I read each Taylor chapter, considered the review comments and made revisions.  In some cases, I essentially rewrote the chapter.  In others, the revisions were less dramatic, updating data, changing wording in some cases, and of course, adding the new features.  In parallel, Audrey, my development editor, read each chapter, giving it the same attention it would have received from an in-house development editor at a major publishing house.  Once we were each satisfied, the revised chapter went out for review by a half dozen faculty experts from a variety of different types of institutions around the country.  The reviews were collated and then I made revisions based on the consensus of the reviewers and editors (Audrey and others) I was working with.

After the first few months, it became clear that I would not be able to complete the book on the timeline required by OpenStax.  As a result, we brought in several other economists to revise chapters.  I ended up doing about two thirds of the book (generally the introductory chapters and the macro portion), while the other economists did the remaining third.   I reviewed each of their chapters and decided when it was complete, so in some ways my role was like the editor of a volume of published papers.

The last stage in the OpenStax process was “accuracy review” in which each chapter was sent to a separate group of faculty experts to insure that everything written was accurate.  I responded to their comments with one final set of revisions.  Many of the reviewers really took ownership of their task, and the result was a much better book than what I initially drafted.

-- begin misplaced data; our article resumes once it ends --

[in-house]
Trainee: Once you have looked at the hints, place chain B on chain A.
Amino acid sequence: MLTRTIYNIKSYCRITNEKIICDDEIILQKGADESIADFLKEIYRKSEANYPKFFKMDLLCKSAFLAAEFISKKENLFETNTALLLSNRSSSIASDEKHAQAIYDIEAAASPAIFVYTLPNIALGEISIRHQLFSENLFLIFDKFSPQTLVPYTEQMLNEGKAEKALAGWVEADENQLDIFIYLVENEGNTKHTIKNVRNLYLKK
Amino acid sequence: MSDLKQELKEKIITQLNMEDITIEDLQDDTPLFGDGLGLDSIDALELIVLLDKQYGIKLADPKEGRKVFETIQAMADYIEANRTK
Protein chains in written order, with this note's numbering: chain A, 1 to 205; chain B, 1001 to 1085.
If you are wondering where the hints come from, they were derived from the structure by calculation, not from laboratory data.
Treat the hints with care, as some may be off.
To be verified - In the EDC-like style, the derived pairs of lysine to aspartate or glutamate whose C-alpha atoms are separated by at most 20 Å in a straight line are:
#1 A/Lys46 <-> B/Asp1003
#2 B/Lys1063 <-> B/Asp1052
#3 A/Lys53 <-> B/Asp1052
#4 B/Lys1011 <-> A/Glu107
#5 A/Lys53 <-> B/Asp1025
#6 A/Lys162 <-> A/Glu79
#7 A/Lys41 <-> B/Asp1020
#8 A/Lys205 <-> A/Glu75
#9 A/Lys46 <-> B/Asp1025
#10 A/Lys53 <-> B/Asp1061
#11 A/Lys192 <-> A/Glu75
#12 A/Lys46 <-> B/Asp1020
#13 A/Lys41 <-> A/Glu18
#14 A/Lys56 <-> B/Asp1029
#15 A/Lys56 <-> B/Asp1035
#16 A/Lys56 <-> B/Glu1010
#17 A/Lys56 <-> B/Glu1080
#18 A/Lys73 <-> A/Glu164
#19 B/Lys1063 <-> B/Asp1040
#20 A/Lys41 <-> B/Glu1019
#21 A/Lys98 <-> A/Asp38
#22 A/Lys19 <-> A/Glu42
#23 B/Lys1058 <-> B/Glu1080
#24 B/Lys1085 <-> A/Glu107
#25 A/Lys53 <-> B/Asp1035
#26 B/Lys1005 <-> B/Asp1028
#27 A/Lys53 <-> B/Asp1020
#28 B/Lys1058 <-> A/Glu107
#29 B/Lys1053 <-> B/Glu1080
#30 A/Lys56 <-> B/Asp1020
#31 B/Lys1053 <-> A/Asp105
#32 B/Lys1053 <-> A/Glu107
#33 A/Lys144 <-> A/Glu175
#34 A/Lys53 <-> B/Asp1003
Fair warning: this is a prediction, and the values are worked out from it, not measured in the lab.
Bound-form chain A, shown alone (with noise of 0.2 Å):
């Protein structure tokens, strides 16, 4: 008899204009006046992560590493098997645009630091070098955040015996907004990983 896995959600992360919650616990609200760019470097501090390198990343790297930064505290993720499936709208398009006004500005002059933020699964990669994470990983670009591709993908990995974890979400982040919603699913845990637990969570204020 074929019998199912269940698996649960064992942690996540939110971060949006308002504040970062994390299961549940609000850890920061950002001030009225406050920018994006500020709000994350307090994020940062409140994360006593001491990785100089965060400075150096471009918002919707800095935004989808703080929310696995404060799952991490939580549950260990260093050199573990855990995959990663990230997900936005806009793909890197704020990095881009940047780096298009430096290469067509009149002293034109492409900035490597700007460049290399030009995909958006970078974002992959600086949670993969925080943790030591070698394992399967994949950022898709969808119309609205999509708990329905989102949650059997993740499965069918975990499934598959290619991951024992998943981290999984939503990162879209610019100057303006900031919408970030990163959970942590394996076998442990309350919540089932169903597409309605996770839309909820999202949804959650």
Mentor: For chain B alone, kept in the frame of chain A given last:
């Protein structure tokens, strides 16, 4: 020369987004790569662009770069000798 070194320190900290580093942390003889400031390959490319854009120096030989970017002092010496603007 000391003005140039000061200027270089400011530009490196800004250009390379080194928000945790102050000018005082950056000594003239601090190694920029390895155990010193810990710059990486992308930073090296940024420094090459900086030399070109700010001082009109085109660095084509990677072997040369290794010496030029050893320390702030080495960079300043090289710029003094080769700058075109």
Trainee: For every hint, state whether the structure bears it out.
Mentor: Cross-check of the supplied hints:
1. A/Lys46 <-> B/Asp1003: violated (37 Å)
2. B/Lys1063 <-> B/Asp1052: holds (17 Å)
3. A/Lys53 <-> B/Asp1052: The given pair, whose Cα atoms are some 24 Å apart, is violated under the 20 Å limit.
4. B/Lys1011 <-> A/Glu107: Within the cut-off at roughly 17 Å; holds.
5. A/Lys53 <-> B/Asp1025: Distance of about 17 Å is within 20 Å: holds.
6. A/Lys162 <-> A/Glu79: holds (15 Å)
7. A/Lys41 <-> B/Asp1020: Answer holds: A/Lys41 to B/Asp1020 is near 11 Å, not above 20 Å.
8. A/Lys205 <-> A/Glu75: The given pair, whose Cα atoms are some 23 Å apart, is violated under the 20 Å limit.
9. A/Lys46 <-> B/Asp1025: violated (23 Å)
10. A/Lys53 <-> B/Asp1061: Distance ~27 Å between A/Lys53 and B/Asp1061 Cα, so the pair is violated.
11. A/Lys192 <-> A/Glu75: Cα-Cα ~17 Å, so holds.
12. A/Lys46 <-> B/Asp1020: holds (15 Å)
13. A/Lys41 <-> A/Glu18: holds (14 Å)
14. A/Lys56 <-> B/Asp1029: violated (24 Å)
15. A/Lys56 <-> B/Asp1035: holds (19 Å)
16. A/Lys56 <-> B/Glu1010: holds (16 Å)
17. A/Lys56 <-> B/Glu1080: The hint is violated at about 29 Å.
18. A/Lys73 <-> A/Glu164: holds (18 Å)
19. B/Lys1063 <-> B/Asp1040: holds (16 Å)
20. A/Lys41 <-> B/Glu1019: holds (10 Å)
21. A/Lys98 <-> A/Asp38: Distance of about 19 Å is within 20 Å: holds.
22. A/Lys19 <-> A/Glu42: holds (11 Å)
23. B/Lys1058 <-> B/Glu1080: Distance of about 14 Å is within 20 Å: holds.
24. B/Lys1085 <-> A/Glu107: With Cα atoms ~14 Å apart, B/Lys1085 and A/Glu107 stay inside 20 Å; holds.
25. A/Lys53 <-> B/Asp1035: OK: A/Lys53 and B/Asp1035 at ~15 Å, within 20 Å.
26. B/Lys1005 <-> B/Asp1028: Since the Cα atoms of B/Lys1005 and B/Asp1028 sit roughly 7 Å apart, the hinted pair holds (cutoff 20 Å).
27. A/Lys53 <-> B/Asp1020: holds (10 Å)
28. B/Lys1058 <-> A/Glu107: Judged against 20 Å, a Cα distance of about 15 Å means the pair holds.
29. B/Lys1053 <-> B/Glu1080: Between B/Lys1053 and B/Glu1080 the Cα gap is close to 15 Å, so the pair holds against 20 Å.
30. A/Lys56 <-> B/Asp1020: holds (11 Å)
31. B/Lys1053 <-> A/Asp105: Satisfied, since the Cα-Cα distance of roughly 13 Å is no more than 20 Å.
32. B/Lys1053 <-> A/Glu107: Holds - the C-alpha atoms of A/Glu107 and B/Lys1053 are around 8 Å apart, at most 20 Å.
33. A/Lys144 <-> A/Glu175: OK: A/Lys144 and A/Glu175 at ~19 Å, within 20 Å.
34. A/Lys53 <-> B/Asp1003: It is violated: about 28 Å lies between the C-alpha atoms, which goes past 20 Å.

One of the advantages of a digital text is the ability to revise after publication.  With a traditional print text, revisions must await new “editions,” but something close to continuous revision is built into the OpenStax process.   Users are encouraged to report errors and suggestions for improvement.   Every month or two, I receive the list of suggestions and determine what corrections to make.  I just finished my first iteration of this and I must say that many of the suggestions were quite good, leading to a better, more usable text.

Is this the best principles of economics book on the market?  For my answer to that question, you’ll have to wait for my next post.

Image Credits:

  1. Daiji Hirata via Flickr.com
  2. OpenStaxCollege
  3. Gideon Burton via Flickr.com
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One Response to How Good Can a Free, Open Source Book Really Be?

  1. Natalie Anderson says:

    Congratulations on the Econ book. And you were so fortunate to work with Audrey–she and I were colleagues at Pearson back in the day, and she’s really top-notch!